NT Lakis recently filed a friend-of-the-court brief on behalf of the Center for Workplace Compliance  (CWC) with the Supreme Court in an important arbitration case, Sterling Jewelers, Inc. v. Jock, No. 19-1382 (U.S. July 16, 2020). Our brief urges the Court to review and reverse a decision by the Second Circuit Court of Appeals that imposed class arbitration, binding the involved employer and some 70,000 current and former employees, even though the underlying arbitration agreement was silent as to the availability of class procedures.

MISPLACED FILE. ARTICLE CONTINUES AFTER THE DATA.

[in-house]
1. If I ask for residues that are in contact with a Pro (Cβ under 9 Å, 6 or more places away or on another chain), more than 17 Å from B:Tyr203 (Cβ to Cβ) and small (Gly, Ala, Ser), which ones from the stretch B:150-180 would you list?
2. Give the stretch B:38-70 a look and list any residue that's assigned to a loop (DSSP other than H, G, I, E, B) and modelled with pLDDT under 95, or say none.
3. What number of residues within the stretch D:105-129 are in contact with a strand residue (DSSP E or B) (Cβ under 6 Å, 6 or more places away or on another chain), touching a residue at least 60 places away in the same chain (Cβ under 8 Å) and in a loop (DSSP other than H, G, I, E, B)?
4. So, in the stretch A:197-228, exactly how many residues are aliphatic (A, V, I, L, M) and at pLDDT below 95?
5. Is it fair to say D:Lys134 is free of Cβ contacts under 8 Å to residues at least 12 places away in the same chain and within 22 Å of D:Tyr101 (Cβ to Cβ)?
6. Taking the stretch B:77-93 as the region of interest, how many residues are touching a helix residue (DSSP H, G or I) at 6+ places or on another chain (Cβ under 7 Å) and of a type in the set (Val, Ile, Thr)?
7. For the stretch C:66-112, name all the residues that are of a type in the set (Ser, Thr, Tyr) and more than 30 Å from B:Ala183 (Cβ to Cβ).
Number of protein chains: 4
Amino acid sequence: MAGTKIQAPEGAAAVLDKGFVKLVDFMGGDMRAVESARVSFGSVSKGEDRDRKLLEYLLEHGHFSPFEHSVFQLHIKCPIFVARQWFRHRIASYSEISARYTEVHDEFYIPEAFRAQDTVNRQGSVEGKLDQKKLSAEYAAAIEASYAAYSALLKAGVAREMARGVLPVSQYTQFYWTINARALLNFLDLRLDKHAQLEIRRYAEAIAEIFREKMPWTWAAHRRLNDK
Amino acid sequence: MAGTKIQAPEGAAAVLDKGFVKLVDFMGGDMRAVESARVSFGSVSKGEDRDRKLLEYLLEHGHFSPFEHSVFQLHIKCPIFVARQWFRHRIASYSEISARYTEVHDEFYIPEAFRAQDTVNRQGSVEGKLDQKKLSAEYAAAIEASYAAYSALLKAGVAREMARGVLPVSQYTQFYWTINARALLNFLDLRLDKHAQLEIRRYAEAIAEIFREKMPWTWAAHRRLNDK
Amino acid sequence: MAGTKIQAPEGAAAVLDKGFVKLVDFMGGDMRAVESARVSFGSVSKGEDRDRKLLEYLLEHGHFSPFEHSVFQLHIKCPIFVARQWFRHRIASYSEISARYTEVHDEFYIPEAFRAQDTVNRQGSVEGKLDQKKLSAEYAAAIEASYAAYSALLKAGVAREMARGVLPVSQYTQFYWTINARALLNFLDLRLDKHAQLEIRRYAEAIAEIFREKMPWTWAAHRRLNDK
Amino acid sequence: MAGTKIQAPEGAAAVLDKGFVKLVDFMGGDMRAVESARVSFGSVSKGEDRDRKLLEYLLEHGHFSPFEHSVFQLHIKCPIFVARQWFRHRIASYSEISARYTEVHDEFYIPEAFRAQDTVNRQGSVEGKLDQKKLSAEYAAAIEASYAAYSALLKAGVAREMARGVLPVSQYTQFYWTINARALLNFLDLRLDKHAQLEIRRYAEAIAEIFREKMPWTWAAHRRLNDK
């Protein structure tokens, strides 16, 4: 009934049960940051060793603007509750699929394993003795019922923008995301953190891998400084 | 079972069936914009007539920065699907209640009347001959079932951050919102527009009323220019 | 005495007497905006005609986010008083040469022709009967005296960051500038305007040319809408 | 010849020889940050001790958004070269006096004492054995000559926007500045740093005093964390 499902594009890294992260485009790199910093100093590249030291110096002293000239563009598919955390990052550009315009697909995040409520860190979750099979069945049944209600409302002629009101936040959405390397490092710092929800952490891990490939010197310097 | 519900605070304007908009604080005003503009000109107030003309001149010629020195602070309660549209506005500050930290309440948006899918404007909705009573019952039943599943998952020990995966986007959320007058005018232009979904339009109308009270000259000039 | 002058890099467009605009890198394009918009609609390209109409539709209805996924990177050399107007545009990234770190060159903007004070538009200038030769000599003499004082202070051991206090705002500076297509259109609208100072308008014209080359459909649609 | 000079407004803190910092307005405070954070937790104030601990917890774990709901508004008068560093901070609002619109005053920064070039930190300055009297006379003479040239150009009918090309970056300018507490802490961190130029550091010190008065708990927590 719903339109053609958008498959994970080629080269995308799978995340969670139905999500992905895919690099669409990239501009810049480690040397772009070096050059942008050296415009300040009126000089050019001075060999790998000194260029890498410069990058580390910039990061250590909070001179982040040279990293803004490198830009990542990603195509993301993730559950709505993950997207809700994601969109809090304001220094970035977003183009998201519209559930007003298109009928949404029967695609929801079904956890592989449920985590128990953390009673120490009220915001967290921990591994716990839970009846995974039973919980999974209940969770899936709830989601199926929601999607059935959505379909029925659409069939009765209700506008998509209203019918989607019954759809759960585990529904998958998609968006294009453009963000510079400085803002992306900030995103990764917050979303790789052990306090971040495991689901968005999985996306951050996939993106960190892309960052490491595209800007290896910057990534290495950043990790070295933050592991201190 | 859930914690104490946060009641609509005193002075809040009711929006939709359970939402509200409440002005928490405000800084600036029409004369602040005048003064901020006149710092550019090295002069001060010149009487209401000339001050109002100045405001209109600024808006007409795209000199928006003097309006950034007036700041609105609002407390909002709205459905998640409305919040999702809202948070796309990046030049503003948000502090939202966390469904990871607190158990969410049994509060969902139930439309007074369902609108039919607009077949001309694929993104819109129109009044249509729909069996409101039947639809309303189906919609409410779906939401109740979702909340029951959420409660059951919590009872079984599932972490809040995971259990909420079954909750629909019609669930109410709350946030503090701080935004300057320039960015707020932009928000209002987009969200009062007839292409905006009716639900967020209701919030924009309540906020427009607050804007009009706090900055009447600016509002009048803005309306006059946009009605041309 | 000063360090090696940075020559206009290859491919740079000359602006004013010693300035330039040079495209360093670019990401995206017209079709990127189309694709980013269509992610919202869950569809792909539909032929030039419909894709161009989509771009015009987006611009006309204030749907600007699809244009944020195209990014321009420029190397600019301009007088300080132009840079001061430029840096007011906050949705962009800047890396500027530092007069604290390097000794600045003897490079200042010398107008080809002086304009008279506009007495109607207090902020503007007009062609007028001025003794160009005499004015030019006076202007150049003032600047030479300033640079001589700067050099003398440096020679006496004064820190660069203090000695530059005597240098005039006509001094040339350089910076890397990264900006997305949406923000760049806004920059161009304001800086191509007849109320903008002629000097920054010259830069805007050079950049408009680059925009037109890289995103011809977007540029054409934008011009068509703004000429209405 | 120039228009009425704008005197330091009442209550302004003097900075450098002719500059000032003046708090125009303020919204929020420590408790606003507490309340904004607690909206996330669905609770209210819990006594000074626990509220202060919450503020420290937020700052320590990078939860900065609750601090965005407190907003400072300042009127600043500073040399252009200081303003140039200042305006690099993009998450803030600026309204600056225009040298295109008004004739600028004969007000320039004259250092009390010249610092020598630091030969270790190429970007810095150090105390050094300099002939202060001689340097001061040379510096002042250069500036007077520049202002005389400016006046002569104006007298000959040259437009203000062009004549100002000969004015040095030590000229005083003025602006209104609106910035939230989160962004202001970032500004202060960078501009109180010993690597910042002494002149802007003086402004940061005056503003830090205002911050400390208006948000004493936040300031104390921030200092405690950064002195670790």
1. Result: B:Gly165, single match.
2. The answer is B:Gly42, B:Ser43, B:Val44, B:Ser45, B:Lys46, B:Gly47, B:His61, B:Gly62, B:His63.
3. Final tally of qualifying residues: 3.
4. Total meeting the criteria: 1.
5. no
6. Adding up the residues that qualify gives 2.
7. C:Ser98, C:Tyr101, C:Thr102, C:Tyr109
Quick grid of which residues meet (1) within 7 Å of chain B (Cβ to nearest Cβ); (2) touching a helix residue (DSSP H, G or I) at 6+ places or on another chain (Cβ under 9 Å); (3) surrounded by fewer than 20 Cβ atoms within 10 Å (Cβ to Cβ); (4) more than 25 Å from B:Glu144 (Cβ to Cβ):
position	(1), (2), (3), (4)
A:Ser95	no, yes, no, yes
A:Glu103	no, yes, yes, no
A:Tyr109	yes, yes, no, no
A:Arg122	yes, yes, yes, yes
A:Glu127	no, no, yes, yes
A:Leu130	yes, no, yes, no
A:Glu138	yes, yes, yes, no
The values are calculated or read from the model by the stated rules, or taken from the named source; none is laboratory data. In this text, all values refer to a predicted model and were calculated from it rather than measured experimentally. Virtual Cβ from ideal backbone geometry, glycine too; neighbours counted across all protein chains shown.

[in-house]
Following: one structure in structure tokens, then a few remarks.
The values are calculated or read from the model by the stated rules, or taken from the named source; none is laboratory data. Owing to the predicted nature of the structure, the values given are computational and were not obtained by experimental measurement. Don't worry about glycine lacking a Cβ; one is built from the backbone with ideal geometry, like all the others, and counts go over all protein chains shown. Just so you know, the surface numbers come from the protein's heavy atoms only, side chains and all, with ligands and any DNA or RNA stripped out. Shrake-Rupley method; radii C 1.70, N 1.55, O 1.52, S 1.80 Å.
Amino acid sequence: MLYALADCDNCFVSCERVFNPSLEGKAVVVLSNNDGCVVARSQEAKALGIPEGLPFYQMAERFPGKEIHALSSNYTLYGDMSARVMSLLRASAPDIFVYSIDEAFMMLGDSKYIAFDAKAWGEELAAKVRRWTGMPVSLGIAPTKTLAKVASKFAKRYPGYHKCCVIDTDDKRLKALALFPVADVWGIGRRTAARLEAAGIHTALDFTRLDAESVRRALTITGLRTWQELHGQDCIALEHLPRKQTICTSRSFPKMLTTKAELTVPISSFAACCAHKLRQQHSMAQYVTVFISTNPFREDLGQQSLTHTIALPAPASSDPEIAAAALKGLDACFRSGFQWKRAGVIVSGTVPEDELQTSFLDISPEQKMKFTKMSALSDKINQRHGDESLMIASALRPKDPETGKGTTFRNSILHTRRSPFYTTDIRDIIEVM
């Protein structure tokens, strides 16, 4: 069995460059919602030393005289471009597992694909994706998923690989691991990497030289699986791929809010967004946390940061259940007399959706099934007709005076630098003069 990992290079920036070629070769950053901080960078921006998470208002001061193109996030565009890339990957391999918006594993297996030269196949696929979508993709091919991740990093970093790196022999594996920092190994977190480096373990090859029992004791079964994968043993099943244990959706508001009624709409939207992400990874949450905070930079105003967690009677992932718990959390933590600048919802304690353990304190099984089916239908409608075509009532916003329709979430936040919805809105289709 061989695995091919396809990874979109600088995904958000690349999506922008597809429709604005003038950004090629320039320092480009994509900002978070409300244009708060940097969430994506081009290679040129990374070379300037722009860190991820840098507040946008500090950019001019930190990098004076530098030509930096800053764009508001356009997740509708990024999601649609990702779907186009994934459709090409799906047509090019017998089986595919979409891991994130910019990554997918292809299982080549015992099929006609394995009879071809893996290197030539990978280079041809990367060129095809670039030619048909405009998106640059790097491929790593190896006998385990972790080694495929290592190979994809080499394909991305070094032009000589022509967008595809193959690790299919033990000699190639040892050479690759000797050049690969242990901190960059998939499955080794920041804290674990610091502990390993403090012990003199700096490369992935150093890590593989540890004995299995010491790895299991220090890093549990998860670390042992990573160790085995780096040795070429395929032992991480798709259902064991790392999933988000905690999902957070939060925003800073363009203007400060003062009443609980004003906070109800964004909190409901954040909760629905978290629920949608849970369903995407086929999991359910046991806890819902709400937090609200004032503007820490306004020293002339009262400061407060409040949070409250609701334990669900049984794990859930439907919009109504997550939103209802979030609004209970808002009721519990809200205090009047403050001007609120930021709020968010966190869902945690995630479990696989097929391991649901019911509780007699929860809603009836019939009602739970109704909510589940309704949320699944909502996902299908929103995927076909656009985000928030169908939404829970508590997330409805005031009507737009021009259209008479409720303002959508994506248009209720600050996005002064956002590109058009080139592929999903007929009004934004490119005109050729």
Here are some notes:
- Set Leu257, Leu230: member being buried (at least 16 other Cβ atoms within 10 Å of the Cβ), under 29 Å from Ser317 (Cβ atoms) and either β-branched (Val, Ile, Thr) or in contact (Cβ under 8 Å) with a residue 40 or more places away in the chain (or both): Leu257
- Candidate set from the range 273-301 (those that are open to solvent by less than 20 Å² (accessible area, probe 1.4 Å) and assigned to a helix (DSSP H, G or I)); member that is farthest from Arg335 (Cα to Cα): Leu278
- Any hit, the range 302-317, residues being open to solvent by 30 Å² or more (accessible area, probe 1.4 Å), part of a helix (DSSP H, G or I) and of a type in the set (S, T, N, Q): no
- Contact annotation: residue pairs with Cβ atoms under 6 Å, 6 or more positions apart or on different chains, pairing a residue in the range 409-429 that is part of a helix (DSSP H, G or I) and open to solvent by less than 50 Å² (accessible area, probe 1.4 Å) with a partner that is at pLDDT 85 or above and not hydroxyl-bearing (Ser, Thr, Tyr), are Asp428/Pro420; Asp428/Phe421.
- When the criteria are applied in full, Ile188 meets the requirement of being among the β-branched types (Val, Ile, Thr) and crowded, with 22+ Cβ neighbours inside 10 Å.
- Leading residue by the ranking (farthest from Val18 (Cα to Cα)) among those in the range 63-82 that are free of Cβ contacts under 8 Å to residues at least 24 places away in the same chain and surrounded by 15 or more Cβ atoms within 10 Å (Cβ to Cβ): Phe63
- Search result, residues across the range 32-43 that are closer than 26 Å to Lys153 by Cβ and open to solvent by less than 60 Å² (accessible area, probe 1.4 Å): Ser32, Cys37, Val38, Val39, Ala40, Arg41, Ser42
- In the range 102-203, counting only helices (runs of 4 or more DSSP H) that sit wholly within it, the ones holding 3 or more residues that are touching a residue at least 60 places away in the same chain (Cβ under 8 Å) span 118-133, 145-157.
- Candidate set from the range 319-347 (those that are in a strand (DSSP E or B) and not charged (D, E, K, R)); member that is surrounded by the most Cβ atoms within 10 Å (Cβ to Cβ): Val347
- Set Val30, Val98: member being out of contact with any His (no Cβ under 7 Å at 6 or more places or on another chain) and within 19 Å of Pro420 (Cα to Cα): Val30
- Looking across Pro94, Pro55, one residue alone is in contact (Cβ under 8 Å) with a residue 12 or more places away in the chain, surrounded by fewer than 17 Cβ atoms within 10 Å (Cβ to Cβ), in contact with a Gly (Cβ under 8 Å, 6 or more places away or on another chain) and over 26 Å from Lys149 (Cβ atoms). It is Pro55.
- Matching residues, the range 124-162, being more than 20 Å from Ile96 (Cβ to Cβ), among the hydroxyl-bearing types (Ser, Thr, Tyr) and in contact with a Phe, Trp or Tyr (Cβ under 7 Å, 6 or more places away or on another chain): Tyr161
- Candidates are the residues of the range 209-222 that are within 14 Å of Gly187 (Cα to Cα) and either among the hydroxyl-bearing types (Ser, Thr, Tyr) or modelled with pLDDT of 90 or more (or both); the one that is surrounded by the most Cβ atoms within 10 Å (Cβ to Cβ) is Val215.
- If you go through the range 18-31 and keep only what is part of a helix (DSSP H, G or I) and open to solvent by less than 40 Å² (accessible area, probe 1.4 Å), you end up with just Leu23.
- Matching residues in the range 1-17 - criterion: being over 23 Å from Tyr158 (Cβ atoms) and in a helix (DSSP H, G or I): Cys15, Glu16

In Sterling Jewelers, the Second Circuit both misinterpreted the Federal Arbitration Act (FAA) and ignored Supreme Court precedent in deferring to an arbitrator’s decision to impose class arbitration based on public policy grounds. Among other things, our brief points out that because class arbitration is so fundamentally different from bilateral arbitration, there must be explicit proof that class arbitration was what the parties actually wanted in order to form the necessary contractual basis.

Members of the Center for Workplace Compliance (CWC) can read more here.